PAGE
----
Sony company chief hints at company's plans to head into robotics and AI

SHIVALI BEST FOR MAILONLINE:  While Sony is currently one of the leading producers of smartphones, cameras and home entertainment systems, the company may soon be heading into the realm of robotics and AI. On Thursday, Kazuo Hirai, CEO of the Tokyo-based company, took to the stage at the IFA electronics show in Berlin to discuss the firm's newest products.He said that Sony was keen to explore new areas of technology, and that artificial intelligence and robotics were part of that. The move towards robotics and AI is part of Sony's 'last one inch' mantra, that refers to getting products close to consumers.  Mr Hirai said: 'I think the combination of 'the last one inch' - things that you hold in your hand to access or upload information, entertainment and so on - combined with AI and robotics is the area that is going to be a future growth area in a big way for Sony.   Cont'd...

Dexmo Robotics has created a mechanical exoskeleton glove for VR use

Julia Alexander for Polygon:  With HTC Vive and Oculus Rift headsets, the first wave of mainstream, consumer VR has officially arrived, and with it, comes the question of how to constantly better the experience for those using it. As it stands right now, those who want to use devices like the Vive or Rift must do so with controllers; the Rift uses an Xbox One controller while the Vive comes with its own dedicated peripheral. Both are functional and serve their purpose, but they come with certain limitations when trying to achieve the ideal VR experience. Now, Dexmo Robotics has unveiled what it thinks will solve some of those frustrations: a mechanical exoskeleton glove that can be paired with VR headsets. The glove, which can be seen in the video above, provides 11 degrees of freedom for movement, and the company touts the fact that each finger comes with a pressured sensor. Essentially, if you're playing a first-person shooter, you'll be able to feel the in-game gun's trigger bring squeezed as well as the recoil.   Full Article:

Stanford's 'Jackrabbot' paves way for social robotics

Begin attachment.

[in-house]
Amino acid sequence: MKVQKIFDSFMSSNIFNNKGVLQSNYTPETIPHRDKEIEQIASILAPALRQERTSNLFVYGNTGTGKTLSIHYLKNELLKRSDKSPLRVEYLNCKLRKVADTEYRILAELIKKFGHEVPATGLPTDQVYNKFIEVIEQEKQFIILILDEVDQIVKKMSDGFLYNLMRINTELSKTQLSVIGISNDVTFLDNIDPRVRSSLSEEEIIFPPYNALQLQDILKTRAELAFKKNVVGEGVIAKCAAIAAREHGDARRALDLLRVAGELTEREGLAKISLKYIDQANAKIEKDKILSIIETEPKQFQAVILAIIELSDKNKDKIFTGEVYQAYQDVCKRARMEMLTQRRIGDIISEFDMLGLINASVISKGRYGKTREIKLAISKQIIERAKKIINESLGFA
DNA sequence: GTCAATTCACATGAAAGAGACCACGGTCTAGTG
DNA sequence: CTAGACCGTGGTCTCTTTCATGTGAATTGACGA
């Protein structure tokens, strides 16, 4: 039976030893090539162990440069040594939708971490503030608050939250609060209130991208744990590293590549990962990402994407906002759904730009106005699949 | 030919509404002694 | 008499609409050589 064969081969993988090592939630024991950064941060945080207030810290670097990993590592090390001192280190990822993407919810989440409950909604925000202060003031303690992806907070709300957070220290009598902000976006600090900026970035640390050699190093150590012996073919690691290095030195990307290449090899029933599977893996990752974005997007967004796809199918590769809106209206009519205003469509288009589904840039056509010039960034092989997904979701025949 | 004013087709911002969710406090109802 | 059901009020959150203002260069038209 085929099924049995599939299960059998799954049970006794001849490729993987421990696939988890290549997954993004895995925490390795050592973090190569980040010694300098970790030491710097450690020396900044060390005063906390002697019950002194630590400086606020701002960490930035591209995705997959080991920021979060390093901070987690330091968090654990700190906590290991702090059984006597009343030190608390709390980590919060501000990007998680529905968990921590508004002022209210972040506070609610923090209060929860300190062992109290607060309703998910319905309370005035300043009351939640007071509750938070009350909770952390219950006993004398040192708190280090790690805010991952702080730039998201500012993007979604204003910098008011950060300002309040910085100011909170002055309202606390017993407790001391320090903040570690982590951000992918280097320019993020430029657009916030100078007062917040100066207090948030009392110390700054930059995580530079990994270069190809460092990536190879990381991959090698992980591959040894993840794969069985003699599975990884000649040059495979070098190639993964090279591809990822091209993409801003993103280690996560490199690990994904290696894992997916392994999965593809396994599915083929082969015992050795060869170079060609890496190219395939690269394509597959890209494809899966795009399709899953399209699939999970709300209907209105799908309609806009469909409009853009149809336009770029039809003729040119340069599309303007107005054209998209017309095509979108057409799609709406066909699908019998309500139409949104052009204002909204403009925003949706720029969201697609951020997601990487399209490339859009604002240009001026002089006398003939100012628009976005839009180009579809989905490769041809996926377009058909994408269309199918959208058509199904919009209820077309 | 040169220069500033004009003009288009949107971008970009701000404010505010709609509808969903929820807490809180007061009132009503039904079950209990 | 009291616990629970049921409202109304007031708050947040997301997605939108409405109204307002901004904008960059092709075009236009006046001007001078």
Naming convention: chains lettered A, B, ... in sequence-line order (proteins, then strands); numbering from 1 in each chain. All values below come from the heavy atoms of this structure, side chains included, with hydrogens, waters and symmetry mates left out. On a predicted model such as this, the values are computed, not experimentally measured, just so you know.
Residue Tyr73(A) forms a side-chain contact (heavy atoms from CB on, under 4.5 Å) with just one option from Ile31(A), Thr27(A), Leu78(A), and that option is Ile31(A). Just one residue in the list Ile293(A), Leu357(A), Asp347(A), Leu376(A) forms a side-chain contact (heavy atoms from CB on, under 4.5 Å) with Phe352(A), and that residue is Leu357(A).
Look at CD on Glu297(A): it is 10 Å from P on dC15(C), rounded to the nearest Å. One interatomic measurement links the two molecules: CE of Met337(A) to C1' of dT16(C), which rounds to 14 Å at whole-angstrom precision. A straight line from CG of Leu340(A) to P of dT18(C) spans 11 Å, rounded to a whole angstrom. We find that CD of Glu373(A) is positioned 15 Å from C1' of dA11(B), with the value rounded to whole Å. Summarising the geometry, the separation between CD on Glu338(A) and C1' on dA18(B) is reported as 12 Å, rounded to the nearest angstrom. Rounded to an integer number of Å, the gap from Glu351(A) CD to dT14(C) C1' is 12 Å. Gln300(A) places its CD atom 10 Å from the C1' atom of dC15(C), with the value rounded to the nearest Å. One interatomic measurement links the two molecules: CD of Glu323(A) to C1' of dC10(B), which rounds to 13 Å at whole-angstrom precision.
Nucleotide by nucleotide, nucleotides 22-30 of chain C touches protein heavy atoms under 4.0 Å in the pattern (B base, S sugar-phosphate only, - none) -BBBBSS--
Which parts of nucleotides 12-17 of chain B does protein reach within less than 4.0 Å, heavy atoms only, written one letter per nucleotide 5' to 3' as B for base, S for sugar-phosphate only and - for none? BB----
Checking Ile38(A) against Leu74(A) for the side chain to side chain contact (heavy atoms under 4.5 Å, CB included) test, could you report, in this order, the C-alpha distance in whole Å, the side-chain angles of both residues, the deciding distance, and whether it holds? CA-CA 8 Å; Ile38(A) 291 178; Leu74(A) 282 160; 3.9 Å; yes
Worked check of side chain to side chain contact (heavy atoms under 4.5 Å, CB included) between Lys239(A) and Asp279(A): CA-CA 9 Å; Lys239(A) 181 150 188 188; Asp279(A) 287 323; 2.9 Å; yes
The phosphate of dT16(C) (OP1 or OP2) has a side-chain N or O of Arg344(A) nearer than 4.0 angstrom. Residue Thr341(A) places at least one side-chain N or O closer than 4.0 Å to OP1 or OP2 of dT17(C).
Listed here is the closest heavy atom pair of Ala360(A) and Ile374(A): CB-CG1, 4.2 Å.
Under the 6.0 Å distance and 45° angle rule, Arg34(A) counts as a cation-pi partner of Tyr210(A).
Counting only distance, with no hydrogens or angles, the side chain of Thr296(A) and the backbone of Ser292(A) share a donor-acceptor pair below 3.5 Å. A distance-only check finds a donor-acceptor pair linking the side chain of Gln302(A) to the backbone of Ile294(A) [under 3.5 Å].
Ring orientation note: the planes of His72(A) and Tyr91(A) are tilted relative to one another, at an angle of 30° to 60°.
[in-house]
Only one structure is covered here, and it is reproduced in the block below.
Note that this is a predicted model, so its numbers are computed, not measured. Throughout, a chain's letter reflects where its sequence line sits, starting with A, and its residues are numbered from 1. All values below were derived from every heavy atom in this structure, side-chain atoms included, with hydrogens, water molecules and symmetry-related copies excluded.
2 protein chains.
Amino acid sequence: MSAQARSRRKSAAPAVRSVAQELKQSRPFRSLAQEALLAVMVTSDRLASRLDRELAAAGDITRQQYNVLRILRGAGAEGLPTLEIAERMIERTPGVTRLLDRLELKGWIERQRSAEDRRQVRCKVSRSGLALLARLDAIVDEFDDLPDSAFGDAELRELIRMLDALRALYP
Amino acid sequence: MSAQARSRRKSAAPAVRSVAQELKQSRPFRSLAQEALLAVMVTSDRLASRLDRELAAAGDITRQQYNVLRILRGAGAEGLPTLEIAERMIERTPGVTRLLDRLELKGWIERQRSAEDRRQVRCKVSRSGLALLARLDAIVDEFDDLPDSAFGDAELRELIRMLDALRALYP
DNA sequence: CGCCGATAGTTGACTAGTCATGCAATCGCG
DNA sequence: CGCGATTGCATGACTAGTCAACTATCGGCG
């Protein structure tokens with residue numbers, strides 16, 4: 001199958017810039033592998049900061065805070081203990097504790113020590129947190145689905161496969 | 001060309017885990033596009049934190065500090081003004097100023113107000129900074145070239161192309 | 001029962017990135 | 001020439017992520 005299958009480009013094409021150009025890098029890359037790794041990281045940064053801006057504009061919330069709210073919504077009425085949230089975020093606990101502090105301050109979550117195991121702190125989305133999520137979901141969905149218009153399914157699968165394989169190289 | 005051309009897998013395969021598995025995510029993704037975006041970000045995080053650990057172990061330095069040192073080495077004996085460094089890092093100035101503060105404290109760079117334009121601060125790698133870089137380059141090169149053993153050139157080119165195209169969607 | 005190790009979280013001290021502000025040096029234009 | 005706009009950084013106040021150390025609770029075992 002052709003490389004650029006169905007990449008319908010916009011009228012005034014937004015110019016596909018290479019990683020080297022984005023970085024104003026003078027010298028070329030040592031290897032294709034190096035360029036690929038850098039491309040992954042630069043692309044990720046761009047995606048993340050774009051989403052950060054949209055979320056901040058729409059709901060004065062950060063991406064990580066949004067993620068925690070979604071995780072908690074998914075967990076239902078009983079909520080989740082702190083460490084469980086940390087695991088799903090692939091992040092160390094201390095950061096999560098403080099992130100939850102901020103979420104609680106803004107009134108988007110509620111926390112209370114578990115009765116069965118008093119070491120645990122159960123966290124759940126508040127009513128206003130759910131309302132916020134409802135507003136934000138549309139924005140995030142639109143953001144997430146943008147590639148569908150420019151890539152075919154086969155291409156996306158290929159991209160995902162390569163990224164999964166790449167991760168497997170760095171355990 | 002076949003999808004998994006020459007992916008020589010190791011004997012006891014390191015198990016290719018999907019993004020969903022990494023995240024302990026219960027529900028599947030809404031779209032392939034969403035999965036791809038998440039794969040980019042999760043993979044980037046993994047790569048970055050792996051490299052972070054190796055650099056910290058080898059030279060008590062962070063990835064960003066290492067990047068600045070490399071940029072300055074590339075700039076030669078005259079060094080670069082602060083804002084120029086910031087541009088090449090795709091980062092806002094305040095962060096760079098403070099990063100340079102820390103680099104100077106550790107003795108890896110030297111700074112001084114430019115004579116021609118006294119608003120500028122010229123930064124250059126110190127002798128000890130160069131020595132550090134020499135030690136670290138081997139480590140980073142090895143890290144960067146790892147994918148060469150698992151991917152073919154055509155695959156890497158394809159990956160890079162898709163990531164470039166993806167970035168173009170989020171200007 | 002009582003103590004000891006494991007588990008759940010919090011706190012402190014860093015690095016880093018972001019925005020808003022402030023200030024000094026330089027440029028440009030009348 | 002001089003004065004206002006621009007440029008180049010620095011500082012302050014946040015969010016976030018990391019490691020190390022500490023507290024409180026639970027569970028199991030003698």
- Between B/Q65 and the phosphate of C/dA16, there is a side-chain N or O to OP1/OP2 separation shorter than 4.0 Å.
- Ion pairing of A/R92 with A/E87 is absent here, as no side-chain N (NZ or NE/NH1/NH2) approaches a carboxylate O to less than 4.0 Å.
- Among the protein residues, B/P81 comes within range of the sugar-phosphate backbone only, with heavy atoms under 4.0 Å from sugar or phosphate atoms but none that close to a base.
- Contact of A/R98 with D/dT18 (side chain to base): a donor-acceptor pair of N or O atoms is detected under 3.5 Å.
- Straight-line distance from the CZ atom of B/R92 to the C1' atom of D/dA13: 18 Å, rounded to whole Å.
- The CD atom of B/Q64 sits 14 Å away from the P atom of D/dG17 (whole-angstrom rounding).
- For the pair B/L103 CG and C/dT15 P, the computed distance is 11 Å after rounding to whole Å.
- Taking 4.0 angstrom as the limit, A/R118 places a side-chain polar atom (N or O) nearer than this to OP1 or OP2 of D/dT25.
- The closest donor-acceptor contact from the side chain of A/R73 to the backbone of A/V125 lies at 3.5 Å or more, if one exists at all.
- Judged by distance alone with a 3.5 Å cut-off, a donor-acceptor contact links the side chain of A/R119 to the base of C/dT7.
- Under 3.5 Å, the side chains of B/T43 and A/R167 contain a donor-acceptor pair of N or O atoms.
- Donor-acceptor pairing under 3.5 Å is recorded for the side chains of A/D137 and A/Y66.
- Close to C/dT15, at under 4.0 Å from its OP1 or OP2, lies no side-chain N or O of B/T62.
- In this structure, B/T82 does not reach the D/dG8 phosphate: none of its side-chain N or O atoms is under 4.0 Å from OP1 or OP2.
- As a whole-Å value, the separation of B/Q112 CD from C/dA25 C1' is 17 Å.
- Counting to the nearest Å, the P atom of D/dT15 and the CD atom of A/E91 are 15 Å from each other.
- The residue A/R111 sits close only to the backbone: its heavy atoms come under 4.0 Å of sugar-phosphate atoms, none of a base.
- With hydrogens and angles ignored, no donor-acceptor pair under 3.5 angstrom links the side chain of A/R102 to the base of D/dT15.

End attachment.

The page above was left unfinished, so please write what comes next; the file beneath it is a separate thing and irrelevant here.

Caitlin Ju for The Stanford Daily:  Stanford researchers in the Computational Vision and Geometry Lab have designed an autonomously navigating robot prototype that they say understands implicit social conventions and human behavior. Named “Jackrabbot” after the swift but cautious jackrabbit, the visually intelligent and socially amicable robot is able to maneuver crowds and pedestrian spaces. A white ball on wheels, the Jackrabbot is built on a Segway system and contains a computing unit and multiple sensors that acquire a 3-D structure of the surrounding environment. 360-degree cameras and GPS also enhance the robot’s navigation and detection capabilities. To interact smoothly in public settings, the robot has to know how to avoid someone in a natural way, how to yield the right-of-way and how to leave personal space, among other skills.   Cont'd...

Artificial Intelligence at the Inflection Point: Experts Weigh "A Revolution in the Making"

Business, Government and Academic Leaders Meet at Earley Information Science To Discuss Where AI Is, and Where It Is Going

University of Surrey presents a roadmap of space robotics

ABIGAIL BEALL FOR MAILONLINE:  Many people spend their childhood peering up into the vast expanse of the sky, dreaming of growing up to become an astronaut.  But these dreams could be dashed as the idea of people venturing into space will one day become a distant memory, according to a report published today.  Robots will eventually have enough capabilities to replace humans and other animals on space missions, experts have said.  Many missions involving humans in space are dangerous and expensive.  But for years robots have been sent to places humans could not venture, like the rovers venturing to the edges of our solar system.  According to European Space Agency (Esa) Astronaut Roberto Vittori, who launched a paper on space robotics and autonomous systems, robots can help carry out these dangerous missions.   Cont'd...

How to Train Your Robot-for Today, and for Tomorrow

When using virtual assistants, companies need to employ the right technology but also keep humans in the loop, say experts at Earley Information Science roundtable

Toyota's U.S. Robotics Boss Promises Results Within 5 Years